Biological invasions are the uncontrolled spread and proliferation of species—including vertebrates, plants, arthropods, and plant pathogens—from their native geographic ranges to new ranges. Such invasions are recurrent worldwide phenomena, and their impact on the earth is an important component of global change (Mooney and Hobbs 2000). Federal and state agencies in the United States spend over a half-billion dollars per year to respond to the influx of nonindigenous (foreign) invasive species (GAO 2000).
Nonindigenous species that threaten plant performance, survival, and reproduction are referred to as plant pests; they include insects and other arthropods, microorganisms, and plants. Over the history of the United States, plant pests have left their mark on the national landscape, spreading into natural areas (as has the invasive tree Melaleuca quinquenervia in the Everglades), increasing the frequency and intensity of fire (as has Bromus tectorum, cheatgrass, in the Intermountain West rangelands), and even pushing native species to the brink of extinction (as has Cryphonectria parasitica, the chestnut blight fungus). Some nonindigenous insects and pathogens kill their host plants directly; others reduce plant vigor, thereby increasing vulnerability to other problems.
Few nonindigenous species that arrive become invasive. For example, most of the commercially important crop and horticultural plants used in North America are nonindigenous, and most of them require cultivation for their continued survival. The most economical and productive sites for many crops are often in locales far from the native ranges of their progenitors and from the pests that attack them in their native ranges (Freeman 1991). Even under the most favorable
growing conditions, most crops fail to become invasive or even naturalized (that is, persistent but in low numbers) in new ranges.
The species that do arrive in the United States and become invasive, including the pests of nonindigenous crops, collectively affect the safety of our supply of food, fiber, timber, and water and the health of our domesticated animals and even humans. The cost of such invasions is probably incalculable. The aggregate figure for crop and timber losses and for the use of herbicides and pesticides to fight invasive species exceeds $100 billion per year, but this figure does not include the direct and indirect economic and ecological costs of invasions in ecosystems that are less intensively managed, such as forests, pastures, wetlands, and other wilderness areas (Pimentel et al. 2000).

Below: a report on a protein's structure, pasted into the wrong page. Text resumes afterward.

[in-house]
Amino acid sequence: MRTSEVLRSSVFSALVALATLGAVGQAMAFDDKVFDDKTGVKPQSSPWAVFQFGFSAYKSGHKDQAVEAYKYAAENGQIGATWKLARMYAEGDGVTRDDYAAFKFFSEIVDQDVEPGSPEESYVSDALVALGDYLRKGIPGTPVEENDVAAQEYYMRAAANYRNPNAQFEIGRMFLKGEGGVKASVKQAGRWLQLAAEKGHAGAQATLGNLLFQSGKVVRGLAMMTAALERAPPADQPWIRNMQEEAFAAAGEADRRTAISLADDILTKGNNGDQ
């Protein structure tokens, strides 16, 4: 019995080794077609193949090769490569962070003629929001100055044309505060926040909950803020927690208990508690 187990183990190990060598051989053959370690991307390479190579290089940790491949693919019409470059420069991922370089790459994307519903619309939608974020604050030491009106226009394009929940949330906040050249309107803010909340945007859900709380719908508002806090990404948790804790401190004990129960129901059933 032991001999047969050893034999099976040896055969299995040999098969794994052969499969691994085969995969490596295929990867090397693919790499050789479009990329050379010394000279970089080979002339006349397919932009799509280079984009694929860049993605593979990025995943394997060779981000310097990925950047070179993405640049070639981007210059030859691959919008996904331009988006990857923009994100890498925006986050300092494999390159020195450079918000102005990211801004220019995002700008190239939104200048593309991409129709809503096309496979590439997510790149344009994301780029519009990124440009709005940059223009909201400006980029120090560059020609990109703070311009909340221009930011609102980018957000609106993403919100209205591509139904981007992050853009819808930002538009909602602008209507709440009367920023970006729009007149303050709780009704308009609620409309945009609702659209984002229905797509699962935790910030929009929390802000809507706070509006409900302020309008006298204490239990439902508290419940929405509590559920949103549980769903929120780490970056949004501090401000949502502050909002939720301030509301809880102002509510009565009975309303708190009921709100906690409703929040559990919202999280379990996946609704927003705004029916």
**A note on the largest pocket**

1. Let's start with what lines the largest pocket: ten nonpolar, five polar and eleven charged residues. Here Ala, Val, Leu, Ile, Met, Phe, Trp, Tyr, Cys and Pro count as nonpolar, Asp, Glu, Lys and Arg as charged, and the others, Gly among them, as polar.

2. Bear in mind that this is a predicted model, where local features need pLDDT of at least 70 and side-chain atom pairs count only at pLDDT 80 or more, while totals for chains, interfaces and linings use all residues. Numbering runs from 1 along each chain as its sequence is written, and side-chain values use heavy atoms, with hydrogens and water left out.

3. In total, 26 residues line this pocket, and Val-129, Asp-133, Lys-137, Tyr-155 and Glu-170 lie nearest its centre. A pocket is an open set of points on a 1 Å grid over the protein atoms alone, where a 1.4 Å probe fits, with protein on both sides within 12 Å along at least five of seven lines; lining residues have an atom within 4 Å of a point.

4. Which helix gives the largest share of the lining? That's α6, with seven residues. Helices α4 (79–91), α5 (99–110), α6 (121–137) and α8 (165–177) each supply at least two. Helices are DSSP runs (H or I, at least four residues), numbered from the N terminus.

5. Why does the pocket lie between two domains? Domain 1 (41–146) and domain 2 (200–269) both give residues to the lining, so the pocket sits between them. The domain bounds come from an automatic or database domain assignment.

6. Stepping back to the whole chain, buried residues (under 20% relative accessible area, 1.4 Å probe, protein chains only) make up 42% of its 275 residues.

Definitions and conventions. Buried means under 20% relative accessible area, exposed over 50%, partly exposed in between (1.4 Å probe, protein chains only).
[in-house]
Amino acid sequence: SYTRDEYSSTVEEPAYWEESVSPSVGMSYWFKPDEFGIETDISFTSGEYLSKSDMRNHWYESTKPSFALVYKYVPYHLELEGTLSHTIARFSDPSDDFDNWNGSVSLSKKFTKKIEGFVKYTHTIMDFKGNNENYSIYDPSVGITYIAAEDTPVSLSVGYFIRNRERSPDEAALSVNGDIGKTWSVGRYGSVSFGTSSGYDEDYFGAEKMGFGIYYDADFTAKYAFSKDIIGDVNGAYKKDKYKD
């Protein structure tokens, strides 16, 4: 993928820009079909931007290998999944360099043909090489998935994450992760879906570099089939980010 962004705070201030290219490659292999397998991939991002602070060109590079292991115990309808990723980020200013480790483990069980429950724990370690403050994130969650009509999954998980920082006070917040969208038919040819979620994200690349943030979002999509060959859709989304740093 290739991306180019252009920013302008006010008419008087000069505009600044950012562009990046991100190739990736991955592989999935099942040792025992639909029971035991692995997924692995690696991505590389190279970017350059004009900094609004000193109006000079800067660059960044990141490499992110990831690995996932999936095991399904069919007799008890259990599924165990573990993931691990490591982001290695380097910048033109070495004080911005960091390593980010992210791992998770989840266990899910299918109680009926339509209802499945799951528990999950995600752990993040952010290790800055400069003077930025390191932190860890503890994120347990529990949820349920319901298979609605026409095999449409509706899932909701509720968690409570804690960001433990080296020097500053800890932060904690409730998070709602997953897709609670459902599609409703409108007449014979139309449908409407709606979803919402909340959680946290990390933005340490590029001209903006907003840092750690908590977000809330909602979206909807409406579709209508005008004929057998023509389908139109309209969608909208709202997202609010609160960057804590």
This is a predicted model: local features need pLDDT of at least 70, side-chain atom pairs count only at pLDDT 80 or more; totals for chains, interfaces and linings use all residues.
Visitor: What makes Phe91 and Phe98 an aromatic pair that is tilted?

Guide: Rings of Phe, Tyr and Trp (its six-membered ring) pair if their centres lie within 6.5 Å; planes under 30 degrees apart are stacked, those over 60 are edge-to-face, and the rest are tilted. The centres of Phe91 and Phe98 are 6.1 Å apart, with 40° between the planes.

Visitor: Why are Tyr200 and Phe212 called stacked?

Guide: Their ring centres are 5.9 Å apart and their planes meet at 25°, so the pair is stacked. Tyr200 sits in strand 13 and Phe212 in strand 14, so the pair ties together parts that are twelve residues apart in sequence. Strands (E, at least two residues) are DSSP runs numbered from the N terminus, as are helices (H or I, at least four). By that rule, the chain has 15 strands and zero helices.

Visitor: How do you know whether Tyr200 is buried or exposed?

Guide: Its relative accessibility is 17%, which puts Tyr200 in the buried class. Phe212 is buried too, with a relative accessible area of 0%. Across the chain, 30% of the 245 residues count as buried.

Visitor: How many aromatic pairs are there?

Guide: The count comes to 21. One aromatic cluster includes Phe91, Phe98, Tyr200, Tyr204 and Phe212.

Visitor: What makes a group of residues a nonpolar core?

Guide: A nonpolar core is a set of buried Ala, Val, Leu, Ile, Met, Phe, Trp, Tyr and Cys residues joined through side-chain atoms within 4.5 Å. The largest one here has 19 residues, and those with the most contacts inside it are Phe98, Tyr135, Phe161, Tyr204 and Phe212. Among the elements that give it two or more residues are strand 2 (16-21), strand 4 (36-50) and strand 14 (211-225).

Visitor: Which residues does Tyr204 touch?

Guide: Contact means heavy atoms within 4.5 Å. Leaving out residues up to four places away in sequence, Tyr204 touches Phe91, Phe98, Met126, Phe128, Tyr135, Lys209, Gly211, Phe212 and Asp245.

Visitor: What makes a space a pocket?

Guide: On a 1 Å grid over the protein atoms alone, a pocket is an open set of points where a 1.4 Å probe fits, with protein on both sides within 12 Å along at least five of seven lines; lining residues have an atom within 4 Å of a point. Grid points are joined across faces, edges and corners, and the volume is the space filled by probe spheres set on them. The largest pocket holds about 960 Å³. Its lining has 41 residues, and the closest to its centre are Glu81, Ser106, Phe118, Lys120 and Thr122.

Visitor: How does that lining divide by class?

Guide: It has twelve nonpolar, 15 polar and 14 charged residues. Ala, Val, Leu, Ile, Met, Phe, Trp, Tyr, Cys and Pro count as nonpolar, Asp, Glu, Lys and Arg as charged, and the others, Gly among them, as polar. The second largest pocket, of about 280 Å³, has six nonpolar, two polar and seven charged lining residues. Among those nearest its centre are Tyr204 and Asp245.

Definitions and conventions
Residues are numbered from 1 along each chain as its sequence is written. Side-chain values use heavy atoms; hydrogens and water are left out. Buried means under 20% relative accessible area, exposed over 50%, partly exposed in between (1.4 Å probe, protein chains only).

As a result of the magnitude of the problem, scientists, crop producers, environmentalists, and public agencies are exploring ways to combat plant pests, beginning with preventing their entry into the United States. What might seem to be a straightforward endeavor is actually difficult. Regulating the arrival of nonindigenous species remains one of the most challenging tasks facing plant regulatory agencies today, because a major component of the global economy involves the transport of agricultural products, including the transfer of living organisms. Not only are agricultural products (such as grain, animal products, lumber, plant fibers, and cut flowers) being moved worldwide in unprecedented volume, but the use of imported germplasm that would give rise to these products in vast new markets is also increasingly widespread.
TROUBLE ON THE BORDER
The Animal and Plant Health Inspection Service (APHIS) of the United States Department of Agriculture (USDA) is responsible for preventing the introduction of plant and animal pests along human-mediated pathways. It carries out this mandate by prohibiting importation of known pests and by regulating the importation of commodities (such as fruits and vegetables), plants, and plant propagation materials that might harbor pests. APHIS agents at seaports, borders, and airports intercept restricted items such as food carried by tourists, and detect known pests that contaminate commodities, packing materials, and shipping containers. Although its monitoring activities in 1999 resulted in two million interceptions, which prevented the introduction of an estimated 53,000 plant pests (USDA 2000), the agency has the capacity to examine less than 2% of the cars, trucks, ships, and airplanes that bring products and people into the United States.